Ryan Cotton, President and CEO of Rock Steady Boxing, Fighting Back at Rock Steady Boxing to improve the lives of people with PD

An interview with Ryan Cotton, President and CEO of Rock Steady Boxing, HQ Gym: Fighting Back at Rock Steady Boxing to improve the lives of people with PD on February 16, 2024 by George Ackerman, Ph.D, J.D.




My name is Ryan Cotton and I currently serve as the President and CEO of Rock Steady Boxing.


Please tell me a little about your background.


I live with my wife and two children on the West side of Indianapolis. I am a physical therapist and completed my undergrad and master’s at the University of Evansville in 1998 followed by my Doctor of Health Science at the University of Indianapolis in 2006.


After serving Rock Steady Boxing on the Board of Directors for nearly a decade, I transitioned into a staff role with the organization as the Chief Scientific Officer in 2020, and then moved into my current role as President and CEO in 2022.


During my time with the organization, I have seen RSB transition from the initial location in an aerobics room in Indianapolis to 800+ locations around the world.


Can you tell me more about your organization?


Rock Steady Boxing was founded in 2006 by Scott Newman who was the Marion County (Indianapolis) Prosecutor. He was diagnosed with YOPD and started a boxing-based workout to fight his PD symptoms which he noted improved significantly in the months after he started this exercise. He was part of a YOPD support group who joined him in his exercise plan which was led by Kristy Follmar who was a world champion boxer. From this initial group, RSB was born. In late 2012, RSB started teaching others the RSB method and curriculum which has now been taken back to communities all over the world.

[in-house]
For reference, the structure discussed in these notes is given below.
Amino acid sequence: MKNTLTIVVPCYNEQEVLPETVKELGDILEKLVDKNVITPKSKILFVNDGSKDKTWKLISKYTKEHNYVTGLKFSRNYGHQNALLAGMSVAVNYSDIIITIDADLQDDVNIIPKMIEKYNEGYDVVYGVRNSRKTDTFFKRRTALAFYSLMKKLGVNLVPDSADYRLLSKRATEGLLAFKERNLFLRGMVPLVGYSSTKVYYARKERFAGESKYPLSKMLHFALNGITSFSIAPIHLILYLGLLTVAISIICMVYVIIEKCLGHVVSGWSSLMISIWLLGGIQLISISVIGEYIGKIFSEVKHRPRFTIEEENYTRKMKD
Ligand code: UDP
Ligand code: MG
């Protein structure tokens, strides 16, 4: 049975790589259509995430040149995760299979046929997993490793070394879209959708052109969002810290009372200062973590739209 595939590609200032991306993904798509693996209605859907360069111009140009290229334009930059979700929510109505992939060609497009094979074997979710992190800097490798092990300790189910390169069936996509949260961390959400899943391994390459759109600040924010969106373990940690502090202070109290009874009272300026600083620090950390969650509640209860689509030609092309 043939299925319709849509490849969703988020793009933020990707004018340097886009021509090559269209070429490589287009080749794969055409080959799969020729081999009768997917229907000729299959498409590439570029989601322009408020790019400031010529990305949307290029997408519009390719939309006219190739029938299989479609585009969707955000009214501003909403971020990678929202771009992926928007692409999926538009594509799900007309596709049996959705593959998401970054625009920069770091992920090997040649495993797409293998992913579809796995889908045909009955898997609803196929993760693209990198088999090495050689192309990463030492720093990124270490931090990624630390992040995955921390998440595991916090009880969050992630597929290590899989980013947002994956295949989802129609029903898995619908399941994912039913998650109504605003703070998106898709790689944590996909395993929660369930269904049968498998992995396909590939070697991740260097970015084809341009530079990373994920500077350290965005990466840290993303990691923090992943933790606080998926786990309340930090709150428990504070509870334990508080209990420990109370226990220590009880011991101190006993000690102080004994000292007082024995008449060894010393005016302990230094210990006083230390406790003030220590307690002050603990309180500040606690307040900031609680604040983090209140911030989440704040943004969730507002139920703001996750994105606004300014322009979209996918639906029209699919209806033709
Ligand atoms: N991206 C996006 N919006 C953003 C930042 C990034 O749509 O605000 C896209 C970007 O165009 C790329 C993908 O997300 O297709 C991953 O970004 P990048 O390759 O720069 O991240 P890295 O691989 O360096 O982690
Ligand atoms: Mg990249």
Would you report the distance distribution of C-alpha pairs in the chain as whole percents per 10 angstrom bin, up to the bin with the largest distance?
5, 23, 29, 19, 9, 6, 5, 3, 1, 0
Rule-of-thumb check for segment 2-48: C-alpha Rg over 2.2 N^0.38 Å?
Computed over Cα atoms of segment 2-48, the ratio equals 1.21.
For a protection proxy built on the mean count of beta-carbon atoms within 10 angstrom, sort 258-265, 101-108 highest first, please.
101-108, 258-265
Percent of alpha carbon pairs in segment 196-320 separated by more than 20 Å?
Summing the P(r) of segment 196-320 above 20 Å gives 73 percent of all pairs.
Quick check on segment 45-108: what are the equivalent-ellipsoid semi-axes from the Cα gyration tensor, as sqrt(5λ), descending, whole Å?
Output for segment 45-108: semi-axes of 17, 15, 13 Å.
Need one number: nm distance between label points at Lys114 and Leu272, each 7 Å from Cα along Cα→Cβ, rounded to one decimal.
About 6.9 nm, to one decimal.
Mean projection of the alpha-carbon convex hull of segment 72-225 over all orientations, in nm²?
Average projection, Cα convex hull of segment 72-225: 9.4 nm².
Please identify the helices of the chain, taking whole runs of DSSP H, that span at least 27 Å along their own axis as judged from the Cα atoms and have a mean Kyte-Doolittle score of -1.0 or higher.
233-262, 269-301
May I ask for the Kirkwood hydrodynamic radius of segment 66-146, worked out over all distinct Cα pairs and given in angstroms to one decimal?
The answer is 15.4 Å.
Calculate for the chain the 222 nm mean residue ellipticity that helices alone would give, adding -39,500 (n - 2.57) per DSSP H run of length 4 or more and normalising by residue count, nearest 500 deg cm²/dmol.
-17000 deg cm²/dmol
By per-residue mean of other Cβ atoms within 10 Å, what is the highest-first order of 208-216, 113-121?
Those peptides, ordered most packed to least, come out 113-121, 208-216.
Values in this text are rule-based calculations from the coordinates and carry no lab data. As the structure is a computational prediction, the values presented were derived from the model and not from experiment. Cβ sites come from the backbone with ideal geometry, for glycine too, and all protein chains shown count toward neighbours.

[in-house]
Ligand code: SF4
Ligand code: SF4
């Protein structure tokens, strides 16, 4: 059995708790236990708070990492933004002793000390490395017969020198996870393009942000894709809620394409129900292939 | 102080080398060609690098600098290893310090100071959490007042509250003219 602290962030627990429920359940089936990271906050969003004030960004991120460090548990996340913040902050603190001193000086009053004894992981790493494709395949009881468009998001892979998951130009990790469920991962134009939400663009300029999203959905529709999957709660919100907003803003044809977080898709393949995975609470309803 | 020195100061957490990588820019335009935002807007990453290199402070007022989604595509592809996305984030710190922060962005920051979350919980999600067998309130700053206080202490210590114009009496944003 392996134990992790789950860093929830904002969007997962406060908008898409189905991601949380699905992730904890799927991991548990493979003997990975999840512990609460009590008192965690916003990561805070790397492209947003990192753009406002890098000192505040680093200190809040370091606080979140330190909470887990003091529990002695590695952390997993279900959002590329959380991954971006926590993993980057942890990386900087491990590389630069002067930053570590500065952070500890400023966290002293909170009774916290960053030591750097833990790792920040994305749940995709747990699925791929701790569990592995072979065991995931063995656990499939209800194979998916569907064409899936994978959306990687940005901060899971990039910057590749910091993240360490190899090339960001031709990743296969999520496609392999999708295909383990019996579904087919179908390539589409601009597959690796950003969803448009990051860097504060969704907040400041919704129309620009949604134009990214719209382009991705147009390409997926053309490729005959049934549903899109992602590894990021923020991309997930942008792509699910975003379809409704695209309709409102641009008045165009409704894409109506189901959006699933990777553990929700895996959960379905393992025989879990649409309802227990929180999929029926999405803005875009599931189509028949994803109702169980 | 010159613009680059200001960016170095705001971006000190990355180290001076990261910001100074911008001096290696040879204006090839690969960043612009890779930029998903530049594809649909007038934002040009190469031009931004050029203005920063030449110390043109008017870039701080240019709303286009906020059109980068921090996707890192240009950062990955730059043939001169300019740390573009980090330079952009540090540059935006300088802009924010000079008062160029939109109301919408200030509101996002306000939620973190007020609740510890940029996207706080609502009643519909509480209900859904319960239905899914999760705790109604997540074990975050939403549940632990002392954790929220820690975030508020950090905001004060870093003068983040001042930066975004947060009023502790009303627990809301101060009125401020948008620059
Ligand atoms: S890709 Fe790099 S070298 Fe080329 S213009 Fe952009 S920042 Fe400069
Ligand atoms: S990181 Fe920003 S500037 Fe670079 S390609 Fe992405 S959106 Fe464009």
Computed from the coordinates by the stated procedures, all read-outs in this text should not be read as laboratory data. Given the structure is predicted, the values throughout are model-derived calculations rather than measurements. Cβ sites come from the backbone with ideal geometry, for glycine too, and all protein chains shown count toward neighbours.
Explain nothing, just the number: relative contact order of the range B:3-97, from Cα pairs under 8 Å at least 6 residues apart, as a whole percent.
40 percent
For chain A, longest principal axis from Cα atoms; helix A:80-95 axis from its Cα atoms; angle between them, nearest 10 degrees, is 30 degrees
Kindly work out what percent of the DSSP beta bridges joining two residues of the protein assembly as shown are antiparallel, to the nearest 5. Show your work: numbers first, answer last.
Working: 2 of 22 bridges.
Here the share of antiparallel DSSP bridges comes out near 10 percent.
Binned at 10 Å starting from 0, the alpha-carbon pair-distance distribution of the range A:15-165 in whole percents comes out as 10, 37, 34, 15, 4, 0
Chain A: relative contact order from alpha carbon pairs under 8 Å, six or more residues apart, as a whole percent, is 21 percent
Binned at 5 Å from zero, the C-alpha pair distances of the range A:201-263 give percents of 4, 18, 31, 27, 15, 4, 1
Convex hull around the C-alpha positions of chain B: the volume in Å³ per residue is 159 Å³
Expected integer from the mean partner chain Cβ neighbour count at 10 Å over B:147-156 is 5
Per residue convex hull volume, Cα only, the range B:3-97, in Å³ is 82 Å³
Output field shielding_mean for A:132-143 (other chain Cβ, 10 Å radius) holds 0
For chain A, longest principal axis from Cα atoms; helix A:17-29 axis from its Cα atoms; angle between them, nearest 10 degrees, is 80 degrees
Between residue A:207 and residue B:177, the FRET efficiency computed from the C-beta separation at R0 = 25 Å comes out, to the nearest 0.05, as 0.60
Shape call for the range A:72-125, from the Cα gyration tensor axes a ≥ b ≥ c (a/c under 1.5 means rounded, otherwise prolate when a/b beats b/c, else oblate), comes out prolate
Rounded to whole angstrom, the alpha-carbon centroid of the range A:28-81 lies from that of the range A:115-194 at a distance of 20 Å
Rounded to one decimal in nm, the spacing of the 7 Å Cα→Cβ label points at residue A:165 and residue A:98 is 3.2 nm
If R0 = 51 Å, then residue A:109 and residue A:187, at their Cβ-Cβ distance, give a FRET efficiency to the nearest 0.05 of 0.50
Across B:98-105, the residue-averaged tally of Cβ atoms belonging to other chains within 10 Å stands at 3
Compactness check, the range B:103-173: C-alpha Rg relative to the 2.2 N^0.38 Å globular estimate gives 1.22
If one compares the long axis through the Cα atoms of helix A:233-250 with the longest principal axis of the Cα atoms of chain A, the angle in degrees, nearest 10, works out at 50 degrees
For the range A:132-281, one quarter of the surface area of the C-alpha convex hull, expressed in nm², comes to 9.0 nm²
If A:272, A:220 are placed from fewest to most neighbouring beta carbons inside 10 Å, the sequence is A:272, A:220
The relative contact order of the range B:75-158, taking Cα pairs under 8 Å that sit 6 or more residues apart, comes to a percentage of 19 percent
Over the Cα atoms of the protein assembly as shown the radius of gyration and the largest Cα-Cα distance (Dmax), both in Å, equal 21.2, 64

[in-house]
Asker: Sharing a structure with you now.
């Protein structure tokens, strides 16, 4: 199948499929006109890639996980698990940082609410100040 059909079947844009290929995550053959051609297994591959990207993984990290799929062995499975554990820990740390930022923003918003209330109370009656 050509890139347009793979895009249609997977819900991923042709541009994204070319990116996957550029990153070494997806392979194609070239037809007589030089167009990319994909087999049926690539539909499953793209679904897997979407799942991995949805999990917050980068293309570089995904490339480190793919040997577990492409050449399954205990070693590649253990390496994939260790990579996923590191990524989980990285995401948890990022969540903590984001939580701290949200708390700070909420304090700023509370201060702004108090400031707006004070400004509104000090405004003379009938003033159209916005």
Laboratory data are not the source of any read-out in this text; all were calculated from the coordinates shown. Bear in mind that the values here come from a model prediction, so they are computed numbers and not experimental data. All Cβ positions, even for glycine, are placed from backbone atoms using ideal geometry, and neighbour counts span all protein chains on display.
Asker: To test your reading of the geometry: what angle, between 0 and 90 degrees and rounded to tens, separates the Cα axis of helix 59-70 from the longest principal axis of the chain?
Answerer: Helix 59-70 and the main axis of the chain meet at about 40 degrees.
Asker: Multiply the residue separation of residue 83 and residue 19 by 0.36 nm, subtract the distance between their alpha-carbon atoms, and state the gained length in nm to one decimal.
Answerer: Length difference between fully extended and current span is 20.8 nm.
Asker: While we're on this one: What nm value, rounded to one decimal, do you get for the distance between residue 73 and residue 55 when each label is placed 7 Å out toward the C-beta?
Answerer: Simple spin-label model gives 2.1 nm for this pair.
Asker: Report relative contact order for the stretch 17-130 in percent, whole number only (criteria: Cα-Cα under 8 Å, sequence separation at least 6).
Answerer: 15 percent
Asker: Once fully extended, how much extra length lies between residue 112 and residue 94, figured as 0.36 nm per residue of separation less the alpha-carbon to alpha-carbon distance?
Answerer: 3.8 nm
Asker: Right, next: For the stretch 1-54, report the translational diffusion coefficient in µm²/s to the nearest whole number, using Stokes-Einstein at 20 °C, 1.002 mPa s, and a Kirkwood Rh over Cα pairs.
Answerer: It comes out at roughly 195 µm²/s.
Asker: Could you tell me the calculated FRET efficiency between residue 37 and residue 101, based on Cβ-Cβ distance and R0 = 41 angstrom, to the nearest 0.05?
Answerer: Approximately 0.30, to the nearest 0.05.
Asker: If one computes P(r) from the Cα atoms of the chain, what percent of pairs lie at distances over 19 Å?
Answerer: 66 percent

What is your passion and how did you get involved in Parkinson’s awareness and hope for a cure?


When I was invited to the initial Board of a new start-up non-profit in Indianapolis that delivered boxing for PD, I did not have a personal connection to the disease. I was simply a young professional who, through his therapy degree, could be of service to this new organization. It was not until a few years later that my father was diagnosed with PD and my commitment to the organization and community became much more personal.